Bill is enjoying his experience aboard Pandora, training for the Sailing Youth Challenge, when a sudden and fierce storm quickly whips the idyllic sea off the Canary Islands into raging waves. As Pandora sinks, Bill fails to board the life raft with the rest of the crew but finds refuge in the yacht’s row boat. The boy survives the storm, but is left stranded, with very few supplies and unable to determine his position. After a few days at sea, his limited provisions dwindling as well as his hope of being rescued, Bill amazingly encounters a shipwrecked girl clinging to a floating barrel of water.
Her name is Aya, and through the conversations that follow, half hand gestures, half a mix of English, French and Arabic, Bill learns that Aya is Berber and that her boat was hit by the same storm that sunk the Pandora. As the days pass, Bill and Aya’s joint efforts allow them to survive by fishing and distilling water and creating a makeshift shelter from the pounding sun. Bill also finds great solace in Aya’s storytelling. Though the girl is reluctant to reveal her own past and the reasons that brought her to her current predicament, her abilities to recount tales allow Bill to forget for a while the harshness of their reality.
Then, one day, Bill and Aya reach shore. Their exploration reveals that it is an island they have found and that someone else is already there too. Stephan, a boy a little bit older than them, is apparently also a victim of the storm. Bill is wary of Stephan and something that Aya reveals to him, as well as the boy’s behaviour, convince him that Stephan could become a threat. His concerns are not unfounded and soon Stephan reveals a dark side. However, a violent altercation between Aya and Stephan leads to the boy’s death.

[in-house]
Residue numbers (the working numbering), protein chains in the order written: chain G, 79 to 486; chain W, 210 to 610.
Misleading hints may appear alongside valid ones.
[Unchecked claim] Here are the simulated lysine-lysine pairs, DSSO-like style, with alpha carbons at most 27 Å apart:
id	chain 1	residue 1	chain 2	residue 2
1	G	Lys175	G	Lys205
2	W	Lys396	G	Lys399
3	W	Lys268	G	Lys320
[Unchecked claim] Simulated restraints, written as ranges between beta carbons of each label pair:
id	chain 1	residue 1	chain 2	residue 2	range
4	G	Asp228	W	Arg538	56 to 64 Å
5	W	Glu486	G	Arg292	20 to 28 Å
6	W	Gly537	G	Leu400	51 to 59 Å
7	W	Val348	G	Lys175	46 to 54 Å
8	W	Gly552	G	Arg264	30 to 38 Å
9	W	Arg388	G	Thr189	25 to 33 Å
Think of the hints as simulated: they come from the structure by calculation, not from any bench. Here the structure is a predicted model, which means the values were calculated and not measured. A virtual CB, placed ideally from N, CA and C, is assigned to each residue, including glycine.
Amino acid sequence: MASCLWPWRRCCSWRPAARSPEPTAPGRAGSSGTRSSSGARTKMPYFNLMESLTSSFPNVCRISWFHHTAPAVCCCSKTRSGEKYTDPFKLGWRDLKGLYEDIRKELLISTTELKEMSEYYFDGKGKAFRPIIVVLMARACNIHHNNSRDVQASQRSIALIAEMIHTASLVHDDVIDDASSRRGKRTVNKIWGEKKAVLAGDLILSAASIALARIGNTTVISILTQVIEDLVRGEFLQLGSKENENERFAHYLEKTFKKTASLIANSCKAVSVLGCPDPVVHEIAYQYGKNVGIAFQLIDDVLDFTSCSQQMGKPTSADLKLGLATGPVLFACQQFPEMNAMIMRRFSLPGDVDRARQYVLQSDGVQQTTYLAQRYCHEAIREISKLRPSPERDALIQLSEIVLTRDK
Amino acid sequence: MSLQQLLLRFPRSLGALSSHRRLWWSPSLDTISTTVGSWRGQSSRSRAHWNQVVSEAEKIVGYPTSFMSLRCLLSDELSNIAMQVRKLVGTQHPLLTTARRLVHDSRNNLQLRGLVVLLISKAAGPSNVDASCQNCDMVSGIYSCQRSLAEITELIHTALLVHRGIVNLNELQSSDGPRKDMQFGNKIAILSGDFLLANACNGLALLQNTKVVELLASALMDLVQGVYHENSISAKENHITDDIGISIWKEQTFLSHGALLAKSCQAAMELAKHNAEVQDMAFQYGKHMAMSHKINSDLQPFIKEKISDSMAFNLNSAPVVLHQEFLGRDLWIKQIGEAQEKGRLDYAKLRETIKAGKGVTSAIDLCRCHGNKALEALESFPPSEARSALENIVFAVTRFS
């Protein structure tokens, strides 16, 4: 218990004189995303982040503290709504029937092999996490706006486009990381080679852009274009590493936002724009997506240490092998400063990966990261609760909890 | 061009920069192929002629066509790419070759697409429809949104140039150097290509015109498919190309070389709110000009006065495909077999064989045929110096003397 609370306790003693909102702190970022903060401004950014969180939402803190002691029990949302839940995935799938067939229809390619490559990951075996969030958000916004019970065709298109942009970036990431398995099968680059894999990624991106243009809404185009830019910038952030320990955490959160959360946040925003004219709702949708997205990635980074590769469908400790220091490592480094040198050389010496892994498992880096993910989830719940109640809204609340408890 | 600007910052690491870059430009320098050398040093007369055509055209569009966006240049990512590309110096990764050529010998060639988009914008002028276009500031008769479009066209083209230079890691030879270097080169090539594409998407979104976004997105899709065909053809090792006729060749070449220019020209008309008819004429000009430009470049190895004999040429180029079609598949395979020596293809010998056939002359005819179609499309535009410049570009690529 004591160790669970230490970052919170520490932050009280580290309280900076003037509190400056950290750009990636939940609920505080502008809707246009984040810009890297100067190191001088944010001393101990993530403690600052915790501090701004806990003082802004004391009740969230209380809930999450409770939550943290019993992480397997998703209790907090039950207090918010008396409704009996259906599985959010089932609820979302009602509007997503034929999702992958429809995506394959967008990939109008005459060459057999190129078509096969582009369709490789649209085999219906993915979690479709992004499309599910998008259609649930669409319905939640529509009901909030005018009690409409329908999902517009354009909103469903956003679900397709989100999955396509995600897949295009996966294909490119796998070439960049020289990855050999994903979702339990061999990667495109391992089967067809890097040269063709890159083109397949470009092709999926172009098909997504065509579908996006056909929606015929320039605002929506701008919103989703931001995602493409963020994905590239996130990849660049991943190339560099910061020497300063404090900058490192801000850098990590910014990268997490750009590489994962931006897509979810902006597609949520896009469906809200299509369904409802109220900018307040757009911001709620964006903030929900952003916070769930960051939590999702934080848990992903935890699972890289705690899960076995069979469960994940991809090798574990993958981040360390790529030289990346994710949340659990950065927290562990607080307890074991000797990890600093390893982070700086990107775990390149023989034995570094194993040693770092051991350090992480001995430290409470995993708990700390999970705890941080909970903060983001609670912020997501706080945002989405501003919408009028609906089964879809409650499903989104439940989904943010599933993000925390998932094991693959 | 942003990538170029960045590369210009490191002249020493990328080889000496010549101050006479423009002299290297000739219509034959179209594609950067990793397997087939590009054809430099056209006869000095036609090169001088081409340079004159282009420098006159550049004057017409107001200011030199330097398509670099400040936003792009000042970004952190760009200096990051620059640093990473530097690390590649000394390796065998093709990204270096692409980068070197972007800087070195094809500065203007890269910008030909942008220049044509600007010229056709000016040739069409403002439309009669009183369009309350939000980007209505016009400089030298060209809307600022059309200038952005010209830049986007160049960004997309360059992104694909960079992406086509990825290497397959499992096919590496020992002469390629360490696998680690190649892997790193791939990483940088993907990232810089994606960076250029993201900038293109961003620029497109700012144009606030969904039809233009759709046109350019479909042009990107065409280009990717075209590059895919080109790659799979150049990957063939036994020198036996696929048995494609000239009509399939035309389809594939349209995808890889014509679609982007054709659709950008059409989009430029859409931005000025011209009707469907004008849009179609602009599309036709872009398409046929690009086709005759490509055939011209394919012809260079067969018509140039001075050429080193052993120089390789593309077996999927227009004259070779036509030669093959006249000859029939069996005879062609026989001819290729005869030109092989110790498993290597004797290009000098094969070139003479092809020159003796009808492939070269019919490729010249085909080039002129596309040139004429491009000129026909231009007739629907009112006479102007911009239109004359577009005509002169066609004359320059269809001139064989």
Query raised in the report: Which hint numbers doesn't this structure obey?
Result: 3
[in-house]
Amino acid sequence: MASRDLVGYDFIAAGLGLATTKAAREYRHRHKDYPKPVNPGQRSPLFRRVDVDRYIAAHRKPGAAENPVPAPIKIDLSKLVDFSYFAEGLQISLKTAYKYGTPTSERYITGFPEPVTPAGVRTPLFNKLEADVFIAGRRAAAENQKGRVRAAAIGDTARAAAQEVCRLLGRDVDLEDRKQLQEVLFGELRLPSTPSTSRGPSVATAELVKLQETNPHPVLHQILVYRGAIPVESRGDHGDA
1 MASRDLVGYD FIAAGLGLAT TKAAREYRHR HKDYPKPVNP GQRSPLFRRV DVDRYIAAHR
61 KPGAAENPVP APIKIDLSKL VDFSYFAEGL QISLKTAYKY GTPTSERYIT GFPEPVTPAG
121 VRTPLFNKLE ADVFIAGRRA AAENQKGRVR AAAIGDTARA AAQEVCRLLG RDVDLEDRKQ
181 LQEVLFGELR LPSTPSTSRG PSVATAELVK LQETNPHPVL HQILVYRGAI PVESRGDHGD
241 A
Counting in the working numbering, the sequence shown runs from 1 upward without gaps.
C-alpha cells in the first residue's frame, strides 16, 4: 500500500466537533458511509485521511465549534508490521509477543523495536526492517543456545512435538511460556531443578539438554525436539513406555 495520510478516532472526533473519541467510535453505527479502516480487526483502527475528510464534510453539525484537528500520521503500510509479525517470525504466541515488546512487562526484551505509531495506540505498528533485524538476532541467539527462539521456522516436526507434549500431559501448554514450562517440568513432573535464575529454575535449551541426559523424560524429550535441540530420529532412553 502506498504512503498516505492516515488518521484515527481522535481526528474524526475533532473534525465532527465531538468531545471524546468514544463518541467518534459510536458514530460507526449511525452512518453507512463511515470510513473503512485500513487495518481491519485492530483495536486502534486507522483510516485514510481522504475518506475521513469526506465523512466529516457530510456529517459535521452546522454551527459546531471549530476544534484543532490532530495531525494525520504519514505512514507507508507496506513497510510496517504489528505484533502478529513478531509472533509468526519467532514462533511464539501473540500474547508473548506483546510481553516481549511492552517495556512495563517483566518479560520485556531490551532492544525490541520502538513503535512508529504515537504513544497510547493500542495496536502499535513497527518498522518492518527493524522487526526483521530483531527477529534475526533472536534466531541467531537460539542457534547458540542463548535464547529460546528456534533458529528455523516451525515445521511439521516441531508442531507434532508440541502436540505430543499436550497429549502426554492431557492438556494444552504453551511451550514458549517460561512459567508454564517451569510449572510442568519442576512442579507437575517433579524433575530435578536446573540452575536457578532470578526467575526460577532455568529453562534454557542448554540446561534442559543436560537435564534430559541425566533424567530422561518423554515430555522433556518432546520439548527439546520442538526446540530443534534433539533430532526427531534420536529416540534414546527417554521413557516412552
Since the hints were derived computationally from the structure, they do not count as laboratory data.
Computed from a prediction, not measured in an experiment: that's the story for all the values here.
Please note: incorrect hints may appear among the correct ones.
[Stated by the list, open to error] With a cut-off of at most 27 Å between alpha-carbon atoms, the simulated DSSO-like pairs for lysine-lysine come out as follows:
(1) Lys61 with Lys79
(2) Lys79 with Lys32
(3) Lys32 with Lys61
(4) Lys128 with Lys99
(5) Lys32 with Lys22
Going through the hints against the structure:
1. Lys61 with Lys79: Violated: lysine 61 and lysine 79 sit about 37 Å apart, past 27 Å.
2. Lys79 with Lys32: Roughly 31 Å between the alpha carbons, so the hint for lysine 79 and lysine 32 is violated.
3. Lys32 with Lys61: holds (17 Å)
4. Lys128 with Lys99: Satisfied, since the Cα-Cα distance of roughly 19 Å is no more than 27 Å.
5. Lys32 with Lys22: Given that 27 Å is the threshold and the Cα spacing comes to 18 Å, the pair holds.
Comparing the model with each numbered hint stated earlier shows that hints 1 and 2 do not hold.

Though the island offers relative safety and resources, it soon becomes apparent that it is not within shipping or flight paths and that the possibility of being found there is unlikely. Aya eventually convinces Bill they need to take their chances and start sailing again.
Luck, though, is against them. Their solitude is broken by the arrival of a shark which initially follows them, then attacks them. Bill and Anya initially seem to fight off the animal, but not for long, with dramatic consequences. I shall not ruin prospective readers’ enjoyment by revealing the conclusion of this story.
In the ‘letter to the reader’ which accompanied the copy of the book I was sent, Chris Vick cites Life of Pi as one of the books that inspired him when writing this one. This brief outline of the plot may have revealed certain affinities and as a reader of Yann Martel’s book, I read the book very carefully, looking for clues and wondering whether Aya, Stephan and the island were real or indeed a creation of Bill’s mind, and wondered whether this story would have a similar denouement.
Yet, Vick’s plot follows a different plan and its closure will satisfy the younger readership to which this book appeals. In it, Aya’s strength of character is confirmed as well as Bill's belief in the strong bond that their shared ordeal had forged. This is the third novel by this author, whose expertise in marine conservation is obvious in the description of the setting and of the creatures that Bill and Aya encounter. It is a greatly readable book and the opening scene with the sinking of Pandora as well as the one describing the shark’s attack are real page turners, narrated with precision and evocatively. Equally, the sense of stillness and ineluctability that feature in other moments of the story are well evoked too. There is a good balance between the main story and Aya’s tales and her narrating voice is a strong one. When she finally recounts her own story to Bill, the reader is drafted into her world as much as Bill was into her fantasy tales.
Girl, Boy, Sea is a tale of survival which will appeal to middle grade readers.